But what I'm talking about is if there's a long bear and the stocks stay far, far below historic lows for a few years. During this time, the L fund will be selling literally half it's stock allocation at very cheap valuations. It didn't matter that the L fund sold bonds and bought equities during the decline if it's selling off the equities at those same low prices a short time later.

It seems irresponsible to take that risk. I guess they take a similar risk to that now as you say. I don't like it, and I think more gradual glides lessen the impact of a risk like that.

Katietsu
Posts: 1577
Joined: Sun Sep 22, 2013 1:48 am

Re: TSP to Increase Stock Holdings in L Funds

Post by Katietsu » Thu Sep 20, 2018 8:57 am

mrc wrote:
Wed Sep 19, 2018 2:28 pm
SquawkIdent wrote:
Wed Sep 19, 2018 1:48 pm
rkhusky wrote:
Wed Sep 19, 2018 1:19 pm
azanon wrote:
Wed Sep 19, 2018 10:58 am
I wonder when the next change will be? Market timers should be so excited about this, that the TSP is always going to try to remain hip and viable to whatever's popular in a given year.
The TSP is hip. You must be joking. They take forever to do anything. In order to do a withdrawal, you must either mail hard-copy forms or fax them. And the forms need notarized signatures from both spouses. And you can't do Roth conversions within the TSP. And you can't just withdraw Roth or Traditional funds, they have to be pro-rated between them. And the L Funds reach their terminal allocation of 20/80 at the target year. And their international fund has no emerging markets, no small stocks and no Canadian stocks. The TSP is still back in the 90's.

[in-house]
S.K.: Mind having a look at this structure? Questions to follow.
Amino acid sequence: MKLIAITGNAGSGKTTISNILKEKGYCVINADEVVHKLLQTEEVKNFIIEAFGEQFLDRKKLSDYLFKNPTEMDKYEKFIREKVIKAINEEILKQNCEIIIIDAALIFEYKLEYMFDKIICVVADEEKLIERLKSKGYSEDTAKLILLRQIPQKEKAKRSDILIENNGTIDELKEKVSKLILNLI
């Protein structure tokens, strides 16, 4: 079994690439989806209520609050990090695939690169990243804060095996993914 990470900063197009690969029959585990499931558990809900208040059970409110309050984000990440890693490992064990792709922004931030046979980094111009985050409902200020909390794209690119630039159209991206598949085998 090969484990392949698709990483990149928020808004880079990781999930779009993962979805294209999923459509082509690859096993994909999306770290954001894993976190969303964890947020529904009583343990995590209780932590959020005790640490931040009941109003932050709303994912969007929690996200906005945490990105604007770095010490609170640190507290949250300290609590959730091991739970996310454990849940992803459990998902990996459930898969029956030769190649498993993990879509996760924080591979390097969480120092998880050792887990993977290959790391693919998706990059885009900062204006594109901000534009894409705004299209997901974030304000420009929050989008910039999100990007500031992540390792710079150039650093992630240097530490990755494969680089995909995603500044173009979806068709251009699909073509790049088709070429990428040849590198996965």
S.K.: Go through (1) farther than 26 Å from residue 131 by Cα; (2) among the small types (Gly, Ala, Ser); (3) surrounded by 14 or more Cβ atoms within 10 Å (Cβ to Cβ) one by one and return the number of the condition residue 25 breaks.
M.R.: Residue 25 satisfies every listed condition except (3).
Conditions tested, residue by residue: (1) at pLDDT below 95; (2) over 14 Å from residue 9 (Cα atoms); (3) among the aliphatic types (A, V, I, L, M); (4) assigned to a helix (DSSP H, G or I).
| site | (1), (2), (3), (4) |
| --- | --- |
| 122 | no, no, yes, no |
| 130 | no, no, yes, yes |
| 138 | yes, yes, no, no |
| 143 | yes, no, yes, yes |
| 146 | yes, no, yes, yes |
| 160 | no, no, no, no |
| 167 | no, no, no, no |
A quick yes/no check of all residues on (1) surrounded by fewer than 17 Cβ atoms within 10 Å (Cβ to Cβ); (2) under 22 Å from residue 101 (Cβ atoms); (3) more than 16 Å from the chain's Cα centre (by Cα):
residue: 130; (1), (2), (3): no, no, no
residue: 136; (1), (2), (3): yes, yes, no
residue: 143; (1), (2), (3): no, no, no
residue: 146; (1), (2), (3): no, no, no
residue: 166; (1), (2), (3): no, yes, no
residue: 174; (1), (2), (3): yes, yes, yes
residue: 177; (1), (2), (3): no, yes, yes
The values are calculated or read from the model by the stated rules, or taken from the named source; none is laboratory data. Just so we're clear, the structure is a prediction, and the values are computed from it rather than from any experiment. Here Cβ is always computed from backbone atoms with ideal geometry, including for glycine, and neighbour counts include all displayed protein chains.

+1
+2

To transfer funds out of the TSP into a former company 403b plan, one must a) obtain spouses notarized signature on the TSP paperwork, and b) obtain a signature of the plan administrator (along with the destination plan information). I cannot pull the funds to the new custodian — the TSP does not honor any other custodian's paperwork. The notary I can understand, but the requirement to obtain a sig from the destination plan ON THE TSP-77 is simply archaic. We'll go through this one time, on separation from service. Rather than remain with TSP and then put up with the withdrawal limitations forever.
If misery loves company, I have moved/or tried to move money 3 times from employer plans. All three had the same requirements you describe. Additionally, I have failed twice with one of the plans. You must start the process with the partially pre filled form that they have specifically issued after receiving a request of your intent. Then, you must get the spouse’s notarized signature, a signature that comes from HR at the current company and a part that must be completed by the provider for the receiving plan. You must then get the physical form back to them within 30 days of the start of the process or the deny it for exceeding the time limit. :annoyed

Katietsu
Posts: 1577
Joined: Sun Sep 22, 2013 1:48 am

Re: TSP to Increase Stock Holdings in L Funds

Post by Katietsu » Thu Sep 20, 2018 8:57 am

Katietsu wrote:
Thu Sep 20, 2018 8:57 am
mrc wrote:
Wed Sep 19, 2018 2:28 pm
SquawkIdent wrote:
Wed Sep 19, 2018 1:48 pm
rkhusky wrote:
Wed Sep 19, 2018 1:19 pm
azanon wrote:
Wed Sep 19, 2018 10:58 am